The secret to Kingsport Speedway's success

Jeff Birchfield • Apr 24, 2018 at 4:04 PM

There's a good reason why Kingsport Speedway has attracted large crowds for its first two NASCAR weekly racing programs. The one-word answer is action.

If it is true that stock car racing fans go to see the wrecks, there are plenty of them on the 3/8-mile concrete short track. If the motivation is close competition, then Kingsport Speedway offers that as well.

Both scenarios are the result of hard racing and it's something seen at Kingsport every lap of every race. There is more action in a 60-lap Late Model Stock feature than most major NASCAR and IndyCar races.

Last Friday night's Late Model feature is the perfect example.

With caution laps not counting, it took over an hour to run the final seven laps of the race. There were guys running up front who ended back in the pack, and Joey Trent, who was back in the pack most of the race, finished second.

Race winner Derek Lancaster said the guys racing were like he did a few years ago when he described it as being a bull in a china shop. Robbie Ferguson, who finished second before his No. 7 Ford was disqualified for a carburetor infraction, summed up the mentality of most in the field.

"Three, four or five laps to go, you have to get in there and race," Ferguson said. "Everybody that's going to get their feelings hurt, they need to stay at home. People have to learn it's a race track. It's not follow the leader. You've got to push your car to the front. I've spent too many years doing this to lay over. I'm going to try to win the show."

The great racing and great characters aren't limited to the Late Model Stock division. Often the best races are the preliminary classes with upward of 20 cars in the Pure 4 division or the Pure Street division where we hear the squealing of street tires and drivers truly manhandling cars. Last Friday’s Mod Street race saw Kevin Wolfe win by just a half-car length over runner-up Royce Peters.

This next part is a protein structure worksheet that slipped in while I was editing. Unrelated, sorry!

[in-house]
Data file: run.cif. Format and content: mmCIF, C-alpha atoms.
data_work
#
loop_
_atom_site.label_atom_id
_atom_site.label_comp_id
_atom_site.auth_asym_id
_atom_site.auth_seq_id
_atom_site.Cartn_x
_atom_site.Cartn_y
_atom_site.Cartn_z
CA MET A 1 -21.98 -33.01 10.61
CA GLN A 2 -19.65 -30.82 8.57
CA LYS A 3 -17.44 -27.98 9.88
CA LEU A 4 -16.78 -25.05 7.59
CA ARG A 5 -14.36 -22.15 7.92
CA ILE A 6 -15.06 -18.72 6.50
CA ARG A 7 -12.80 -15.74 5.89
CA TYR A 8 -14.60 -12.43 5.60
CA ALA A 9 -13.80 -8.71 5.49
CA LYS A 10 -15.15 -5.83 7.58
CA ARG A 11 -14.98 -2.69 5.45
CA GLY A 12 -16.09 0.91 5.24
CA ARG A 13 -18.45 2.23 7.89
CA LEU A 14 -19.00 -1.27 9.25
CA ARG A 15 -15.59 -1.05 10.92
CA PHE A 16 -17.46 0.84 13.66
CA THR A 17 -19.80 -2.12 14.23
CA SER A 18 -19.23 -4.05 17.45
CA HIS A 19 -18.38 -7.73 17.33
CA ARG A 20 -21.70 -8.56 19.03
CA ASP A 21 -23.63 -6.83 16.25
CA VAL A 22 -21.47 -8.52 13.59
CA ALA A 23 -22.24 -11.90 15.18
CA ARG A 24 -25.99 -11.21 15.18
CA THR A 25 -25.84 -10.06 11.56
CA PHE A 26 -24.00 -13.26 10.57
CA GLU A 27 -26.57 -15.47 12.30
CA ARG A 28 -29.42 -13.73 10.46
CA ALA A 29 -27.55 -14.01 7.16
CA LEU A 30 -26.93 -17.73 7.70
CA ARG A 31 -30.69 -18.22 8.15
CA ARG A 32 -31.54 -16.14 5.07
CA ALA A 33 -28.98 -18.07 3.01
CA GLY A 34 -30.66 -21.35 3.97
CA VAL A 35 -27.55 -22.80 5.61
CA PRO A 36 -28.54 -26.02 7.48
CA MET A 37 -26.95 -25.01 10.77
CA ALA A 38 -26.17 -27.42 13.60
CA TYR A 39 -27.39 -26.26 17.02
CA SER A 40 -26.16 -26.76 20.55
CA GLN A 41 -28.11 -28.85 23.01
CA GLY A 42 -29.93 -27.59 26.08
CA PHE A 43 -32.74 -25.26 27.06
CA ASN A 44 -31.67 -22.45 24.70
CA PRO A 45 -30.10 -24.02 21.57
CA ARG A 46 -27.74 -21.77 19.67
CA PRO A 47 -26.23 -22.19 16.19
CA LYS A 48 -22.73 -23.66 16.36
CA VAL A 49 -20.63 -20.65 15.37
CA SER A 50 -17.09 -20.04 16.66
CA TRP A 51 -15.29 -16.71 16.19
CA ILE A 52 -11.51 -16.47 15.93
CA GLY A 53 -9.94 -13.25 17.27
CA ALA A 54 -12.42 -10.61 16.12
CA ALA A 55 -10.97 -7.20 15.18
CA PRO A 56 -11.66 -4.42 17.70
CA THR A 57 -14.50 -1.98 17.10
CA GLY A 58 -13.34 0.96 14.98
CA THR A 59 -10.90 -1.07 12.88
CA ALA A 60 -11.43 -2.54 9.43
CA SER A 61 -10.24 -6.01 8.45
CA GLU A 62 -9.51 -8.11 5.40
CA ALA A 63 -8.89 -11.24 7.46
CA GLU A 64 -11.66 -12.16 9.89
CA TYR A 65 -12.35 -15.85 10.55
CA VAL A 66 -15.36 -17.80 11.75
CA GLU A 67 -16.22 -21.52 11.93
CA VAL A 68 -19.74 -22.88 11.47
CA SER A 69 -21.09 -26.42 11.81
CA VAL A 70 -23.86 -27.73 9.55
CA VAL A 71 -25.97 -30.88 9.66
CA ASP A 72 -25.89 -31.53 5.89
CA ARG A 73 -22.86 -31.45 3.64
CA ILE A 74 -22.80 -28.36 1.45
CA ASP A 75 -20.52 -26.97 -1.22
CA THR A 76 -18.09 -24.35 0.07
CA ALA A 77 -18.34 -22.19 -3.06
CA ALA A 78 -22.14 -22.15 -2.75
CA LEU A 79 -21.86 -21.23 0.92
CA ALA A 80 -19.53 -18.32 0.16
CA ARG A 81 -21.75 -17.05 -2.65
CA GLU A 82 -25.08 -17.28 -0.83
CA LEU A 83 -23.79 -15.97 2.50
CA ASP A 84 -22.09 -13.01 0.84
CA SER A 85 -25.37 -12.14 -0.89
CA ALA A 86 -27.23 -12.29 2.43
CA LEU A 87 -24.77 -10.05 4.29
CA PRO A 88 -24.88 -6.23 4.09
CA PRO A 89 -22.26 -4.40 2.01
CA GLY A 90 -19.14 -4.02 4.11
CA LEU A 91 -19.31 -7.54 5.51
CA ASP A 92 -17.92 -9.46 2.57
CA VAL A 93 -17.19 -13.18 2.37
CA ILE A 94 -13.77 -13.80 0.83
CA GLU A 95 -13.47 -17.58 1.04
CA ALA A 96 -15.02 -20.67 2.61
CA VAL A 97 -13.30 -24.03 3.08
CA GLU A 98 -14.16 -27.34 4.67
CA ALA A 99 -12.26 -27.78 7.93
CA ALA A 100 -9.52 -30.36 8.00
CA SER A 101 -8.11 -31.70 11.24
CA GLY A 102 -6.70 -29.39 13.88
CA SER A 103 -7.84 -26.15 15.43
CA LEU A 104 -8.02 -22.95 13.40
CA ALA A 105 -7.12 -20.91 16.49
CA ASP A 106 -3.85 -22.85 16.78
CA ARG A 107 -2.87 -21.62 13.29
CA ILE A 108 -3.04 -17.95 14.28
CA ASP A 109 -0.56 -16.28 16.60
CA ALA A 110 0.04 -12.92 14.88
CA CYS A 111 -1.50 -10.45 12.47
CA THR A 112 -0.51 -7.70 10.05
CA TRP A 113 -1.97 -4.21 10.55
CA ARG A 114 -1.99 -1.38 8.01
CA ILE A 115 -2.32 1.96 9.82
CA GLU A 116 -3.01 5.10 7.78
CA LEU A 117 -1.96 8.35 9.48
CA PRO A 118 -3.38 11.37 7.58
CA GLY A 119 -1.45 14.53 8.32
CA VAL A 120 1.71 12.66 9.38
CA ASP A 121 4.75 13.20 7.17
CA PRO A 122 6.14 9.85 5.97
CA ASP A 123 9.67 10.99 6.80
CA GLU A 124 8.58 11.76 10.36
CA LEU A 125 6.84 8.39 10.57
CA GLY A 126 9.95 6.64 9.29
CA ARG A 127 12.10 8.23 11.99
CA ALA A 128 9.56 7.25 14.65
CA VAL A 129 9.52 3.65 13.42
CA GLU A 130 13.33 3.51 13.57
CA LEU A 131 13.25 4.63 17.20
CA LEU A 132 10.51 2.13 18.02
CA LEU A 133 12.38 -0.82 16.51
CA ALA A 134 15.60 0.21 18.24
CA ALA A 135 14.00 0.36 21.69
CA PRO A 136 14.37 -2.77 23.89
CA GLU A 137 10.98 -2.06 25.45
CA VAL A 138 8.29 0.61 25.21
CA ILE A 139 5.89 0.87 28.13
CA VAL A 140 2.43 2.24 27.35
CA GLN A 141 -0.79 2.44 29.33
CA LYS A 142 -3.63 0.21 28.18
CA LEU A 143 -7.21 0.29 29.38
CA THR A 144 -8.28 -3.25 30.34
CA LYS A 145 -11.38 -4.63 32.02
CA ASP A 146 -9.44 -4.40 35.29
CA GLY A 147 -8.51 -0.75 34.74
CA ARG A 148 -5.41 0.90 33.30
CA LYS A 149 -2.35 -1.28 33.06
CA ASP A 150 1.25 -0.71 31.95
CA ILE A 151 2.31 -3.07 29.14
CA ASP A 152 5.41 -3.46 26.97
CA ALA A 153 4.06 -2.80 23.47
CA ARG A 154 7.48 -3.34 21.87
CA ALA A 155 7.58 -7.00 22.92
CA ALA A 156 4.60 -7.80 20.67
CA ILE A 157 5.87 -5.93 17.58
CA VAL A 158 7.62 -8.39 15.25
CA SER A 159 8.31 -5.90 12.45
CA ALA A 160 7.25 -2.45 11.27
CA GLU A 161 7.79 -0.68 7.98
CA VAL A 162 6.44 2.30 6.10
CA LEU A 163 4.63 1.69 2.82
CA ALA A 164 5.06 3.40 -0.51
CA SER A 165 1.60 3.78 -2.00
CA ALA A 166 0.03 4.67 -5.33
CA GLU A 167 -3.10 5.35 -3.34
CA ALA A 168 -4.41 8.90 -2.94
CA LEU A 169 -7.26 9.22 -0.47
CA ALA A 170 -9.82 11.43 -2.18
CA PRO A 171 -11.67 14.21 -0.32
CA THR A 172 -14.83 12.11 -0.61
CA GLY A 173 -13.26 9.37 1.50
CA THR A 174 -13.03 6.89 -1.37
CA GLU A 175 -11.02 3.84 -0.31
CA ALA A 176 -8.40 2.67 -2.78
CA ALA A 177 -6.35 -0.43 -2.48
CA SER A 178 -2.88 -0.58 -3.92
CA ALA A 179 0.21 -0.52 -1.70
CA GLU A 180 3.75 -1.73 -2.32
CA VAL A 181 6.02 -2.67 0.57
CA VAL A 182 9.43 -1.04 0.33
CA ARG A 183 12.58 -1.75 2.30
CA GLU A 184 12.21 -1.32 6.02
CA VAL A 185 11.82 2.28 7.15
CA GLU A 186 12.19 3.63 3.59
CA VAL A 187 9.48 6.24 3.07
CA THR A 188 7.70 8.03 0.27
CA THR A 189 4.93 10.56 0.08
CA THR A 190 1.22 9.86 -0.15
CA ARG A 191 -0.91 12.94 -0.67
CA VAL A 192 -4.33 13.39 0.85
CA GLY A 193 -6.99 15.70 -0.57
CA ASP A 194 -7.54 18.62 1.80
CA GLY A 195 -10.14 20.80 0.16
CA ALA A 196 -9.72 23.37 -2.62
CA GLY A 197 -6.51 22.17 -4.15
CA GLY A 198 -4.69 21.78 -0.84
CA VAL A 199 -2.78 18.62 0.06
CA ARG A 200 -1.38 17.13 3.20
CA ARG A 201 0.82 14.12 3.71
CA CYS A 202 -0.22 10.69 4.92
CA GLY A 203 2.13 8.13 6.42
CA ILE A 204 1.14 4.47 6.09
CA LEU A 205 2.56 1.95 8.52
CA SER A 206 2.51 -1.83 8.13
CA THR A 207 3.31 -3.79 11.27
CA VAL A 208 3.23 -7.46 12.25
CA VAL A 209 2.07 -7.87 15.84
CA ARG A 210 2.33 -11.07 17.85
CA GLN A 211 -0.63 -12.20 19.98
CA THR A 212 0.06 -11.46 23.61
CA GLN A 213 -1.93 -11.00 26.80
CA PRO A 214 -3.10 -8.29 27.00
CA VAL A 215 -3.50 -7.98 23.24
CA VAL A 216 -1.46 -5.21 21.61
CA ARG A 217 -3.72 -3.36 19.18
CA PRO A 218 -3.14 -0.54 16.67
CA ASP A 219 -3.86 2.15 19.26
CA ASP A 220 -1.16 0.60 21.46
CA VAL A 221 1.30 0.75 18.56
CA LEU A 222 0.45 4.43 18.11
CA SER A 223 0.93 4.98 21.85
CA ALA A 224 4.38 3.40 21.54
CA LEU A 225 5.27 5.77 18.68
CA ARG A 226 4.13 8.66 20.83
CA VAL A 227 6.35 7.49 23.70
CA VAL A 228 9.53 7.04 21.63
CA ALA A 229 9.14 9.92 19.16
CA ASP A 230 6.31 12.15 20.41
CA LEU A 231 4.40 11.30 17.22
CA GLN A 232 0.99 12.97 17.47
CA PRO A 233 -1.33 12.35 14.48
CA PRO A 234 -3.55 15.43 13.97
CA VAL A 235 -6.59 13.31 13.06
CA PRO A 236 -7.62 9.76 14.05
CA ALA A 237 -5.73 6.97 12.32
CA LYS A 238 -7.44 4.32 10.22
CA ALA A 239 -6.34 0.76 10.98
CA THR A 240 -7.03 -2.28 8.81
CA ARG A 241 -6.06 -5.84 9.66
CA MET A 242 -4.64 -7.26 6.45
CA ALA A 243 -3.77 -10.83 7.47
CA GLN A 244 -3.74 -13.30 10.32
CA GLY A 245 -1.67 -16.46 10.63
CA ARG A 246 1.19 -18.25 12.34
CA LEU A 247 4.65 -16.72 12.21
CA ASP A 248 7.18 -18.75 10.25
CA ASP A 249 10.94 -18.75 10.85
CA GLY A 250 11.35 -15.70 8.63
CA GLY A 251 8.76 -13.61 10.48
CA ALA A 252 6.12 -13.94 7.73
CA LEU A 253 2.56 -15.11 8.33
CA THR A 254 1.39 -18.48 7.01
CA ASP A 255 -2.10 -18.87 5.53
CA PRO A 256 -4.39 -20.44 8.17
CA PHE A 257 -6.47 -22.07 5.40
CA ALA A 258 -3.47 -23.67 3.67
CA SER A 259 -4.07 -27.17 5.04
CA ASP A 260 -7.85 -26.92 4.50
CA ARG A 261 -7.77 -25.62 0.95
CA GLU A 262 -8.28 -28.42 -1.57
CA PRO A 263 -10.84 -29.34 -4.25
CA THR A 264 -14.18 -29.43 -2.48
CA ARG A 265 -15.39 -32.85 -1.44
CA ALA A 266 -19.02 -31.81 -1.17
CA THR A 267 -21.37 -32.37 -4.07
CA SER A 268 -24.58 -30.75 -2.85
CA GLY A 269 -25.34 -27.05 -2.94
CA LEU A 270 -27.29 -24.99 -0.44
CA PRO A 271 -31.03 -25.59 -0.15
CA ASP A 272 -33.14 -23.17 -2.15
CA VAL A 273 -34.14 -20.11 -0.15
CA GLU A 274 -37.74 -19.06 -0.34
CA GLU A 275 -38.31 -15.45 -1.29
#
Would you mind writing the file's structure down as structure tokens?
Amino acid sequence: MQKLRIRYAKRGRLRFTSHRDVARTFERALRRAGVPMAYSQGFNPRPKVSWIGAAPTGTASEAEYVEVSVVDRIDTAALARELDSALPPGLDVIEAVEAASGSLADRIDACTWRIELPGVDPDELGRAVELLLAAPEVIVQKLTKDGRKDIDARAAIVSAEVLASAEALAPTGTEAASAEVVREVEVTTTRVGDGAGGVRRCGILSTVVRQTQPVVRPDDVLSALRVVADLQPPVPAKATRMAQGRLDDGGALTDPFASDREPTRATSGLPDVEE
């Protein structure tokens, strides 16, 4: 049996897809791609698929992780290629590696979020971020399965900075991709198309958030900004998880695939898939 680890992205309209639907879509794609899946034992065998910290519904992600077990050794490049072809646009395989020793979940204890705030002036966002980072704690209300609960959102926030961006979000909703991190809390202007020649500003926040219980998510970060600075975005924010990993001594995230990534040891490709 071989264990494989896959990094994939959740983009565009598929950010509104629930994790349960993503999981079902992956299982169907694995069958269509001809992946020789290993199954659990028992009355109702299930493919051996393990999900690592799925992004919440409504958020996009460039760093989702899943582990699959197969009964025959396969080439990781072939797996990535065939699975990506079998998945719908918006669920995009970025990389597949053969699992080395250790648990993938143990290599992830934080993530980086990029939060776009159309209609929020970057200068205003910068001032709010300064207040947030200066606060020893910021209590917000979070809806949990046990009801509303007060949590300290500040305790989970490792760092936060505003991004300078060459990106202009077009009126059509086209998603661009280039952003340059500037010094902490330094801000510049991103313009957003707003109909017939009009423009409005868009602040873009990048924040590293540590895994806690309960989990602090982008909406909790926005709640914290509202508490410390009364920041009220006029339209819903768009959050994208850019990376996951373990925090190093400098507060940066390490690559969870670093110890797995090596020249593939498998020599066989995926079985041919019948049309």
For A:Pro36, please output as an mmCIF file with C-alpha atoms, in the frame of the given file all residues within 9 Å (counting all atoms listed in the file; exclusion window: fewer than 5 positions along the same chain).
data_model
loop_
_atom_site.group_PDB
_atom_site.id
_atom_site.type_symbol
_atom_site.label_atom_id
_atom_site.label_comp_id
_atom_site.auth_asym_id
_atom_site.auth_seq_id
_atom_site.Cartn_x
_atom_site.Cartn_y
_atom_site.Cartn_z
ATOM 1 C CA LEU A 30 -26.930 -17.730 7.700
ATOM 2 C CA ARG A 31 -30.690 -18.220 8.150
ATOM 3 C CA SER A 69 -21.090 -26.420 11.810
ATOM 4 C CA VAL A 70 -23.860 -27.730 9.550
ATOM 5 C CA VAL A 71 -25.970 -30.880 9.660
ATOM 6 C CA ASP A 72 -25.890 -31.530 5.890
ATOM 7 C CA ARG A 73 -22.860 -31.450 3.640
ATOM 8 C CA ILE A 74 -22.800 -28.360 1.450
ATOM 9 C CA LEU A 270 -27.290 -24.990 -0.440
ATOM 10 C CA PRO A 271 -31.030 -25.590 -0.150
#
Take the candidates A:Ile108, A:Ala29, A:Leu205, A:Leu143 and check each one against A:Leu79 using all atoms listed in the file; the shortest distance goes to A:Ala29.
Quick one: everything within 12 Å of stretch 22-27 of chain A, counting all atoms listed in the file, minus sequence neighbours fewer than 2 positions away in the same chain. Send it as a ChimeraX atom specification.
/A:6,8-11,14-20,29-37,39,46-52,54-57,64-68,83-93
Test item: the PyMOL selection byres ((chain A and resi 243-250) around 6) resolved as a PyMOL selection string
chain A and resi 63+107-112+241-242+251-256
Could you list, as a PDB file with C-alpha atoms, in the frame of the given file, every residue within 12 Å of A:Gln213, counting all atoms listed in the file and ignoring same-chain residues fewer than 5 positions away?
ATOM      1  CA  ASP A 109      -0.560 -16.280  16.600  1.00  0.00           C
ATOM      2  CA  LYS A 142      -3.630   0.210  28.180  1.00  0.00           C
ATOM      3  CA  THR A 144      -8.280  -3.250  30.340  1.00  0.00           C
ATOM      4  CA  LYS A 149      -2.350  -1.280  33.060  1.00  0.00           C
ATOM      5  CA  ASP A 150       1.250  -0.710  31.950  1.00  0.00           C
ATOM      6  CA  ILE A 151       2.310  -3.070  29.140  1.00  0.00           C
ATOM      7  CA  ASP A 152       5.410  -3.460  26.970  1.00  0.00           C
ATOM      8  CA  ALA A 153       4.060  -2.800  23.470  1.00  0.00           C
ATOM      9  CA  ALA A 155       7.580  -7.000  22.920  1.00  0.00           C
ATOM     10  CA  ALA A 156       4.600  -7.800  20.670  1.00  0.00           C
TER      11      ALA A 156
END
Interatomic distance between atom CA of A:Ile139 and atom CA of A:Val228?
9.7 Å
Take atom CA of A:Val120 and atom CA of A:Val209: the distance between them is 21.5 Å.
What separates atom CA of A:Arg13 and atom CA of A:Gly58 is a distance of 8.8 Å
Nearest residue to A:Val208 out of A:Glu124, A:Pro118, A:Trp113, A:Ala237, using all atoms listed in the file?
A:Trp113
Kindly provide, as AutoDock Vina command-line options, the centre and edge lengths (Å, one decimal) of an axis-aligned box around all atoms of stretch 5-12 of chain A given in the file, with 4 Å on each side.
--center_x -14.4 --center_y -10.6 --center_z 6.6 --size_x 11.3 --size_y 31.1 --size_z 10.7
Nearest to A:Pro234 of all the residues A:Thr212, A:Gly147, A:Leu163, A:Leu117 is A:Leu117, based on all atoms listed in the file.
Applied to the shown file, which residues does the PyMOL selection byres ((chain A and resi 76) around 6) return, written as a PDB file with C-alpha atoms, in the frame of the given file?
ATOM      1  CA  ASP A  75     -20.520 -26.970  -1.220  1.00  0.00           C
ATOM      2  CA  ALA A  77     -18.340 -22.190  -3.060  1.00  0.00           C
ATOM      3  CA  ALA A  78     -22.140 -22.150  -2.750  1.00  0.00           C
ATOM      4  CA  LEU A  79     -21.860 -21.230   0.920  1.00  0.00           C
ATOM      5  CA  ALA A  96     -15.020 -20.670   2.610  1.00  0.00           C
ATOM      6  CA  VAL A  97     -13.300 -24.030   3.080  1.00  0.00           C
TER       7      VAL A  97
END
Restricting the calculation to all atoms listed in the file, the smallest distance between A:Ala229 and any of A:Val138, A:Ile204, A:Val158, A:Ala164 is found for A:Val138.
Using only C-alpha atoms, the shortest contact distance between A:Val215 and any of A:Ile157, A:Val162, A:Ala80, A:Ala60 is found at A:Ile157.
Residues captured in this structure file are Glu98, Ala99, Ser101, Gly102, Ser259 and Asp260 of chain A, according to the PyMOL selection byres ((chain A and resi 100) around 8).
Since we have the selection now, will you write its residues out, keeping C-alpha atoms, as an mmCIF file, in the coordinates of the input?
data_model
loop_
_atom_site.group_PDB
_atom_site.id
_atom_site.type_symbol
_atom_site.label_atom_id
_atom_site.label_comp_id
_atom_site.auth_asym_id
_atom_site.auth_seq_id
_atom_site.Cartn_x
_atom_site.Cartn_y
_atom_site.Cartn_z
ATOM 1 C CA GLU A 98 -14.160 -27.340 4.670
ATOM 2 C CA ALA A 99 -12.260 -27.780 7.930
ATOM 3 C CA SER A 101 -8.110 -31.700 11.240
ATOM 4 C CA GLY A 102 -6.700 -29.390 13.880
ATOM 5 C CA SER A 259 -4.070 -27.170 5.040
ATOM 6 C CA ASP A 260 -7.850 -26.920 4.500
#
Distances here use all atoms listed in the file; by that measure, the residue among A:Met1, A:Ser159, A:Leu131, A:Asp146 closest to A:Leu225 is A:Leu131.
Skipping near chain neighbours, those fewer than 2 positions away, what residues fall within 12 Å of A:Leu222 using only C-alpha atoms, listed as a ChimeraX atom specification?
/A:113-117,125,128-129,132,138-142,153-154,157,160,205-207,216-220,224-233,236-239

Kingsport Speedway has another weekly show this Friday night with twin features for the Mod 4 division. Practice and qualifying will be followed by racing, which is scheduled to start at 8.


Volunteer Speedway has a five-division program scheduled for this Saturday at the 4/10-mile dirt track.

The Steel Head Late Model, Crate Late Model, Sportsman Late Model, Mod Street and Classic divisions are all on the slate. Volunteer has also been blessed with strong car counts, big crowds and competitive racing the first part of its season.

Practice starts at around 7 p.m. That will be followed by qualifying and racing.


The DER Bracket Racing Series at Bristol Dragway kicked off this past weekend with Elizabethton driver Carl Widener picking up where he left off last season with a sweep of Sportsman races. Eric Colley also scored a sweep in the Trophy division.

Another Elizabethton racer, Justin Buckles, won in the Pro class, while Bryce Acuff captured the Motorcycle win. Junior Dragster winners were: Josh Owens (Division 3), Carley Brown (Division 2) and Trentin Lewis (Division 1). Super Pro eliminations were halted after round 6.

Randy Hamilton (Super Pro) and Tim Griffith (Pro) won Sunday races. Dru Owens, who starred for Hampton High School during basketball season, was the Junior Dragster, Division 3 winner, while Brown and Lewis swept their divisions' races.

The popular Street Fights program is scheduled for Bristol Dragway this Saturday.


Cherokee Raceway Park in Rogersville has its first race of the season for the IHRA Summit SuperSeries scheduled this weekend.

Defending track champions at Cherokee are: Dustin Light (Box), Jackie Carter (No Box), Corey Lee (Motorcycle) and Makinna Smith (Junior Dragster). The track was represented at last year's IHRA Summit World Finals in Memphis by Randy Marrisett (Box) and Eric Carpenter (No Box).

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